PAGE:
May 20, 2009

The Break of the Curveball

Posted in Baseball, Law, Science, Worldview tagged , , , , at 12:34 pm by Andrew

When delving into presuppositional arguments (or the Argument from Reason, or other claims by Christians in support of mind-brain dualism), I’ll often point out that the brain we have is not cognitively reliable in precisely the sort of ways you would expect given evolution — e.g., things like Alien Hand Syndrome, optical illusions, and so on.

Thanks to Stephanie, I’ve now found the single best illustration I’ve ever seen of the way in which our brain can be fooled: the break of the curveball in baseball.

Those of us who threw curveballs know the fundamental dilemma: a classic, Blylevenesque “12-to-6” curveball appears to break much more sharply than it actually does. Part of the work of the “break” is accomplished by downward spin, and part of it is accomplished by optical illusion.

If you follow this link, you’ll see the optical illusion portion of the curveball’s break illustrated vividly. Watch the path of the spinning ball, and you can see that it travels in a straight line. Shift your focus to the blue spot, and the ball seems to be curving away from you at a drastic angle. It’s eerie!

The authors conclude:

In baseball, a curveball creates a physical effect and a perceptual puzzle. The physical effect (the curve) arises because the ball’s rotation leads to a deflection in the ball’s path. The perceptual puzzle arises because the deflection is actually gradual but is often perceived as an abrupt change in direction (the break). Our illusions suggest that the perceived “break” may be caused by the transition from the central visual system to the peripheral visual system. Like a curveball, the spinning disks in the illusions appear to abruptly change direction when an observer switches from foveal to peripheral viewing.

Just another datapoint in support of the view that our cognitive faculties are the unreliable, cobbled-together product of millions of years of evolution of the physical brain, and not some disembodied mind crafted by an almighty God.

Presuppositionalism, Part 5 (Or: What Counts As a Worldview?)

Posted in Answering Apologists, Atheism, Worldview tagged , , , , , at 9:55 am by Andrew

Continuing the discussion of presuppositionalist arguments for Christianity, one common thread seems to be that Christianity as a worldview better “explains” certain features of the world than does a naturalist/physicalist worldview. While I have previously challenged the dichotomy inherent in the argument — one need not be a naturalist/physicalist in the strong sense to be an atheist, of course — I also challenge the premise itself.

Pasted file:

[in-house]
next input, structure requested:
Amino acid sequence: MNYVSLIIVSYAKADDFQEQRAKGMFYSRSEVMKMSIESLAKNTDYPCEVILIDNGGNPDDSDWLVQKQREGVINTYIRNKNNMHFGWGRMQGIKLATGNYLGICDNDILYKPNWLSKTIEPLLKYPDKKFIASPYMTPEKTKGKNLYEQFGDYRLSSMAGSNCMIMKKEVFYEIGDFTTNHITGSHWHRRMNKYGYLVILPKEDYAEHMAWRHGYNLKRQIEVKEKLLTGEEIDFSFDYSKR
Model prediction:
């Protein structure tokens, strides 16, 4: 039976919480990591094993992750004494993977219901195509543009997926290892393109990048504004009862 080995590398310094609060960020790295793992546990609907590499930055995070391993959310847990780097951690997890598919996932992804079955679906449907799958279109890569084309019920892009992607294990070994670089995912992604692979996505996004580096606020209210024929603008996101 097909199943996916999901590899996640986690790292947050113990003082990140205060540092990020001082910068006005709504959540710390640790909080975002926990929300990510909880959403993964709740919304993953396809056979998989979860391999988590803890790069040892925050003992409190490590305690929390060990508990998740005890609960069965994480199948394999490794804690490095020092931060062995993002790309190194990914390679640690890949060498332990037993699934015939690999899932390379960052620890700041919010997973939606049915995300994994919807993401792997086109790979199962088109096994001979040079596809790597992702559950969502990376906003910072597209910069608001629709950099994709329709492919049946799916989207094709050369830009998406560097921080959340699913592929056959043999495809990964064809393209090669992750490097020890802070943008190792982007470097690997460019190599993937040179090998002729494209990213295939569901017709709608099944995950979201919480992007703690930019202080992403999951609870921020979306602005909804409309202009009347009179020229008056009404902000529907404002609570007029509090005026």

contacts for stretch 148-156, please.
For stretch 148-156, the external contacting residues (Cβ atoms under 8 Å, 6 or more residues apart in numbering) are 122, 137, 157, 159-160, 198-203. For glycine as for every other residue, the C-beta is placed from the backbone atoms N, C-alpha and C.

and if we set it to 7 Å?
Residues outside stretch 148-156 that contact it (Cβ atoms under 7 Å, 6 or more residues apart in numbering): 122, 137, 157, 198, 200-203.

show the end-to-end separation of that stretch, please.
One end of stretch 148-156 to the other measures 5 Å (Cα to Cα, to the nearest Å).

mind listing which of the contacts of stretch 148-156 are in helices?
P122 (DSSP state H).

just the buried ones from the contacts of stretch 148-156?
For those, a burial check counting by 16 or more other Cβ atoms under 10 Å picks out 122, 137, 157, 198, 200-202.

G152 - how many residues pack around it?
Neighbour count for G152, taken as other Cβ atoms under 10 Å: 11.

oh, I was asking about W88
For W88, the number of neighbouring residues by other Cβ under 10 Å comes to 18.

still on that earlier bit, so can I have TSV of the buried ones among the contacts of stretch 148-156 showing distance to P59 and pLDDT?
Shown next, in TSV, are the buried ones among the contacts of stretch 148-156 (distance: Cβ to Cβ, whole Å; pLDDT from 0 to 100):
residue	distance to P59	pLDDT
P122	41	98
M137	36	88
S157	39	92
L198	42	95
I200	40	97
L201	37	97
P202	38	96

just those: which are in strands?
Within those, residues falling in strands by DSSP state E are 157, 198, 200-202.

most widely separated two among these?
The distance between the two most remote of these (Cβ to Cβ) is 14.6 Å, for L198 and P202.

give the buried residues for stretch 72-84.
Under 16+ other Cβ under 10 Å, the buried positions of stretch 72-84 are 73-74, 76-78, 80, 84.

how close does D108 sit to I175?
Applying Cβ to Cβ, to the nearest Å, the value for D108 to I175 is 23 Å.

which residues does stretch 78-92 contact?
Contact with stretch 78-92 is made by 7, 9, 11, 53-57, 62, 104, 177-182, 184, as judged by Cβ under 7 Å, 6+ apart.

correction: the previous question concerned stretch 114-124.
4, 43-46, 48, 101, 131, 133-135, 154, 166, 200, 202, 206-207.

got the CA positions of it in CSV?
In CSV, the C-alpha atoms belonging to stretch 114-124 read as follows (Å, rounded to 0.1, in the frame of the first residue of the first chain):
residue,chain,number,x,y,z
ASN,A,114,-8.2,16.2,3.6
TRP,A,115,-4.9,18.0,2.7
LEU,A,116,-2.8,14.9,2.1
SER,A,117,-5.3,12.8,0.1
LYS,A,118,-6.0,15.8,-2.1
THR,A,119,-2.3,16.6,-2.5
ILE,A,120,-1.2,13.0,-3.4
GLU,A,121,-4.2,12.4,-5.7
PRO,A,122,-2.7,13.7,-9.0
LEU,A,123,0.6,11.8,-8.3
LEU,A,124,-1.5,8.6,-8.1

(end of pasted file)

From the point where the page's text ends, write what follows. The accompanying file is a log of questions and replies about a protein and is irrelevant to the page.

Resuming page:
So let’s start with first principles: what does it mean to give an “explanation” for something? One need not accept Kant’s epistemology to nevertheless recognize the distinction Kant drew between (1) the analytic and (2) the synthetic. An analytic explanation is one where the explanation is derived entirely from the predicate of the proposition; put more simply, when I say, “That object is a triangle, because it has three sides,” I have given an analytic explanation. I haven’t told you anything about the triangle that you didn’t already know, because the definition of a triangle is that it has three sides.

On the other hand, if I say that object is green because it was painted with watercolors, I have given you a synthetic explanation; that is, one in which the proposition contains more information than is simply found in the predicate.

Now, to the point: it seems to me that only a synthetic proposition truly counts as an ‘explanation.’ If I say that the grass is green because it has a “green-producing nature,” that isn’t really an explanation. Ultimately I’ve told you that the grass is green because the grass is green. An explanation doesn’t just tell us that something exists; it tells us how.

And this is the problem I have with presuppositional apologetics and comparative worldview arguments. It’s just not an explanation in the synthetic sense to say “God did it.” It doesn’t tell us ‘how,’ it just gives us another name for the problem.

So my question to those of you who favor those sorts of comparative “worldview” arguments: what’s your criterion/-ia for what counts as an “explanation?”